By V. Anbalagan | Free Malaysia Today

The Federal Court today affirmed the death sentence of three men, including a former lawyer, for the murder of cosmetics millionaire Sosilawati Lawiya and her three aides.

However the five-man bench led by Chief Justice Arifin Zakaria allowed the appeal by farmworker R. Mathan, 25.

“There is insufficient evidence to link him to the murders,” said Arifin who delivered the judgment.

The top judge, who will retire at the end of the month, said the prosecution only adduced evidence that he arranged logs in the farm a day before the murder.

“It is unsafe to rely on that piece of evidence to convict him,” said Arifin, adding that the High Court should have acquitted Mathan without calling for his defence.

Arifin said Mathan, represented by Amer Hamzah Arshad, also did not lead police to discover any incriminating evidence.

As for the other three, former lawyer N. Pathmanabhan, 46, and farmhands T. Thilaiyalagan, 24, and R. Kathavarayan, 36, Arifin said there was overwhelming evidence linking them to the crime.

“The circumstantial evidence was strong and the three also gave police information leading to the discovery of evidence,” he said.

Moreover, he said their conduct also proved they had a hand in the crime.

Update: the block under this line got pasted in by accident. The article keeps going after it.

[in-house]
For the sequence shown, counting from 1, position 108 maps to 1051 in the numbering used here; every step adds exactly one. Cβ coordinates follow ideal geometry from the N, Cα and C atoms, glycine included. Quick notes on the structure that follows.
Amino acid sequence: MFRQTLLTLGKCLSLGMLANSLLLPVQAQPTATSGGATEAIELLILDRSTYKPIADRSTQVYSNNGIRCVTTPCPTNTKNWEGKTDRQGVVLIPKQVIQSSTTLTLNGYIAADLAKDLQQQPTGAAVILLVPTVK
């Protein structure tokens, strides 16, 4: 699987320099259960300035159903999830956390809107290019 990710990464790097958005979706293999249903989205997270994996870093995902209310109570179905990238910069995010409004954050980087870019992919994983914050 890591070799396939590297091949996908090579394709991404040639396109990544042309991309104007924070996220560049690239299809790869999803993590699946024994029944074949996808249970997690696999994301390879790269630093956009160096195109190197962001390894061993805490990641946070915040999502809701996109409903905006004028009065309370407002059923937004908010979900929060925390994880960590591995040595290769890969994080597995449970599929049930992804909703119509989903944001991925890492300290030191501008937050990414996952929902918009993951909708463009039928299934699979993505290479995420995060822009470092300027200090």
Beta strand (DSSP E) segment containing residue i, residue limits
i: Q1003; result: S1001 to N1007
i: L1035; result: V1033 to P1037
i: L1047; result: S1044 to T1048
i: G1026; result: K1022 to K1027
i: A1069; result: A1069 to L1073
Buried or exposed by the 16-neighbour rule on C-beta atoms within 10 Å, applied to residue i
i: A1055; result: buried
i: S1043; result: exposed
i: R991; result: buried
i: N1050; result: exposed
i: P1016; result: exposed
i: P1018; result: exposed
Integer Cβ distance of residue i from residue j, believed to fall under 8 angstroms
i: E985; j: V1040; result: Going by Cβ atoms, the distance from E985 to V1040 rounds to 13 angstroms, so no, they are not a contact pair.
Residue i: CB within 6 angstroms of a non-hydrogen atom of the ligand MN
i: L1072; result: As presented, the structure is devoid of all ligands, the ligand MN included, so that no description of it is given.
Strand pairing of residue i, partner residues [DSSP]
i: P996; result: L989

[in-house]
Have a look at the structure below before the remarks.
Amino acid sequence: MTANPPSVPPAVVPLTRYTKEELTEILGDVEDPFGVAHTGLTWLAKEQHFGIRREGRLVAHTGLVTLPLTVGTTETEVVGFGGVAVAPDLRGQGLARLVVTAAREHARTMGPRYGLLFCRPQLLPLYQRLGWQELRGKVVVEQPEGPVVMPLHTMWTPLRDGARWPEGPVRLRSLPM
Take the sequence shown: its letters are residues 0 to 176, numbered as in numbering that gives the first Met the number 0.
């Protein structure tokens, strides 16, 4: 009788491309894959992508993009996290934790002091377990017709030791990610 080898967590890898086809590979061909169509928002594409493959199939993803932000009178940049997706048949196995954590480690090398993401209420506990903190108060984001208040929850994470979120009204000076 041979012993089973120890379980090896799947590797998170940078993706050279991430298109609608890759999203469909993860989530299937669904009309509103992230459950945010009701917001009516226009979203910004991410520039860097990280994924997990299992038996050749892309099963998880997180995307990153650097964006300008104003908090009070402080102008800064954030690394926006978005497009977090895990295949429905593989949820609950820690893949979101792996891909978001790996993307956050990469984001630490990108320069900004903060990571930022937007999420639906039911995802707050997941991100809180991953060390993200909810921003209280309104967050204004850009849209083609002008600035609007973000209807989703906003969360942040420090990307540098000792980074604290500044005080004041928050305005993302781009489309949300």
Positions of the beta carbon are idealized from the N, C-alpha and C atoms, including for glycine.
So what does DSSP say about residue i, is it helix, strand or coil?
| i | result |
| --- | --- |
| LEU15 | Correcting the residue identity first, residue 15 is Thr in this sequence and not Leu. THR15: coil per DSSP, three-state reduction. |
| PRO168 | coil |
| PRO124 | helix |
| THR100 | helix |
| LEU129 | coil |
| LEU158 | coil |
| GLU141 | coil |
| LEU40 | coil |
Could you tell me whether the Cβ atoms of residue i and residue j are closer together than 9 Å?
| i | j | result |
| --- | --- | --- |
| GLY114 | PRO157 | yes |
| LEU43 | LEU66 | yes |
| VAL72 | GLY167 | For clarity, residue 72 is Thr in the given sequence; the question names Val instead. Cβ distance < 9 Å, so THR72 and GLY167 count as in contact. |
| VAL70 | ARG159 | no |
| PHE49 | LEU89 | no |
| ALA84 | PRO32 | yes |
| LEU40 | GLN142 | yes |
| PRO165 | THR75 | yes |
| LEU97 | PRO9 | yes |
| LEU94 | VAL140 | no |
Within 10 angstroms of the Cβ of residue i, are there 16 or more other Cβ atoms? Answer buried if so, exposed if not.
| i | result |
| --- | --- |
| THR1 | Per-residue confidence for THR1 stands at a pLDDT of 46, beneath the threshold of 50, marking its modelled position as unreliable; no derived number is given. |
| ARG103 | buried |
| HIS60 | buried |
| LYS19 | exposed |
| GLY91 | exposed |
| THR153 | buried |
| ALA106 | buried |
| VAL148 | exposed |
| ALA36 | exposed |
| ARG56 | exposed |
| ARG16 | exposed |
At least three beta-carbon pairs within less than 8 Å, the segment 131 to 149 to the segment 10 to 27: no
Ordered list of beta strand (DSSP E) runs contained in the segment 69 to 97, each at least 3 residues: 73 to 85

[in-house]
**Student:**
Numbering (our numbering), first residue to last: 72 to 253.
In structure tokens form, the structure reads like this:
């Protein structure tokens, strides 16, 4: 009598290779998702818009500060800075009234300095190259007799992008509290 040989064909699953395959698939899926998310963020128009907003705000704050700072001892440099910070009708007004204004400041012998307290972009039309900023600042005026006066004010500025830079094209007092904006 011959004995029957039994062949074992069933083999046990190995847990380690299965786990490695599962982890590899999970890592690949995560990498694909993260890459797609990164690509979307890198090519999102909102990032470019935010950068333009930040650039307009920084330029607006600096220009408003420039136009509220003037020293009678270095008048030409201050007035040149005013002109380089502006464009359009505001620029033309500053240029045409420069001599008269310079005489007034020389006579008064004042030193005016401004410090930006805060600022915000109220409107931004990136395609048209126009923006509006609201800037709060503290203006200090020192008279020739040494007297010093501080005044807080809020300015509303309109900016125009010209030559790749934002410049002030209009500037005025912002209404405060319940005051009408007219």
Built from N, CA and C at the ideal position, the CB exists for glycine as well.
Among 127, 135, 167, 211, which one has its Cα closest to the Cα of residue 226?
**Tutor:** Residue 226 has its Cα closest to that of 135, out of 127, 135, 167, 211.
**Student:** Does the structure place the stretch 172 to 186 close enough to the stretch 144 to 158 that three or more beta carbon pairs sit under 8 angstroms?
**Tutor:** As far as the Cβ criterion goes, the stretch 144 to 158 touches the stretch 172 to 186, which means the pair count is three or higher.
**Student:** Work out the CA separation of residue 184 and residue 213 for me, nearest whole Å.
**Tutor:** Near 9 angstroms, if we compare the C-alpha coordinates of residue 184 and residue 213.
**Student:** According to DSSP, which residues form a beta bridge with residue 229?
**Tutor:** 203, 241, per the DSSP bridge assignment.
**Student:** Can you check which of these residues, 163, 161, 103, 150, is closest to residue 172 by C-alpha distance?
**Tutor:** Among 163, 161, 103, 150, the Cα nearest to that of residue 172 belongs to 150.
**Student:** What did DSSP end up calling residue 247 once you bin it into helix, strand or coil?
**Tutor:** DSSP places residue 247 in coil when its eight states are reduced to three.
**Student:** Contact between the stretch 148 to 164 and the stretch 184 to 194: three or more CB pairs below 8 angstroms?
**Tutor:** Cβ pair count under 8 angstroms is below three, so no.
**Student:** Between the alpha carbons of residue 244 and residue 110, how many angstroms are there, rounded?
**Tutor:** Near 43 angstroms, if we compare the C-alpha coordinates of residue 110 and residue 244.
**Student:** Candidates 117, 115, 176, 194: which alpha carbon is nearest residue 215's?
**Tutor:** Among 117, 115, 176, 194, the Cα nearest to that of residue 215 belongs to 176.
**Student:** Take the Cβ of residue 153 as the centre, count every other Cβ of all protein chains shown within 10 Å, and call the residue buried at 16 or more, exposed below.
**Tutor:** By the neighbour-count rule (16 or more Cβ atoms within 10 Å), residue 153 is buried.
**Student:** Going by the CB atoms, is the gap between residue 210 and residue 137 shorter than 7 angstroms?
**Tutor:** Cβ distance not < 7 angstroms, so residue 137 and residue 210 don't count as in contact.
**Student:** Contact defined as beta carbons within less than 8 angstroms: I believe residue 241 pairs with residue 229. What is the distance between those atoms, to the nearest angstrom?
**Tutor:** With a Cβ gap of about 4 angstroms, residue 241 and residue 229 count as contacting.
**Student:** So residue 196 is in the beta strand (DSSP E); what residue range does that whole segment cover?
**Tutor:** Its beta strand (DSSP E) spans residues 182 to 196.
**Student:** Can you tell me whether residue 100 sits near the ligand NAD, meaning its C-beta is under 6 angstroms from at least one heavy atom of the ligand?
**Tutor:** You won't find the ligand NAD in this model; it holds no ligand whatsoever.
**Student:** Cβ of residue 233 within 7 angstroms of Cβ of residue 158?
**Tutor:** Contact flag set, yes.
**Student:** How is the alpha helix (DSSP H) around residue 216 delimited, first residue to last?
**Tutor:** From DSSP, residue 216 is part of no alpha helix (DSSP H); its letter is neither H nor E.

The court also dismissed the alibi notice of Pathmanaban who claimed he was not at the crime scene.

The trio murdered Sosilawati, 47, bank officer Noorhisham Mohamad, 38, lawyer Ahmad Kamil Abdul Karim, 32, and Sosilawati’s driver Kamaruddin Shamsuddin, 44.

All three could file a petition for clemency to the Selangor Pardons Board to commute the death sentence to imprisonment.

They committed the offence at Lot 2001, Jalan Tanjong Layang, Tanjung Sepat, in Banting between 8.30pm and 9.45pm on Aug 30, 2010.

The Shah Alam High Court found all four guilty in May 2013 while the Court of Appeal affirmed the findings in December 2015.

Sosilawati and the three aides were reported missing after they allegedly went to Banting over a land deal.

Government lawyer Saiful Edris Zainuddin had submitted that it was true the body of the victims were never found but it did not mean that it was the end of the matter.

Saiful said Sosilawati’s daughter Erni Dekriwati Yuliana Buhari had testified that her mother was going to Banting to meet Pathmanabhan to bring forward payments on two cheques totalling RM4 million.

He said Sosilawati needed the money to pay bonuses to her staff and to give her family, in view of the Hari Raya Aidilfitri celebration.

Sosilawati left her office in Kuala Lumpur in a car with her driver and the two other deceased travelled in another vehicle.

Saiful said Pathmanabhan, however, had insufficient funds in his bank account to repay Sosilawati.

“This created a tremendous amount of pressure on Pathmanabhan to come up with such a big amount of money and the solution he chose was to get rid of Sosilawati and her friends,” he said.

Saiful said Pathmanabhan failed to explain as to how he could have honoured the payments because his bank accounts were not frozen.

He said the testimony of senior chemist Lim Kong Boon was admissible as he was experienced and academically qualified in the area of DNA examination and analysis.

The bench agreed with the submission of the prosecution.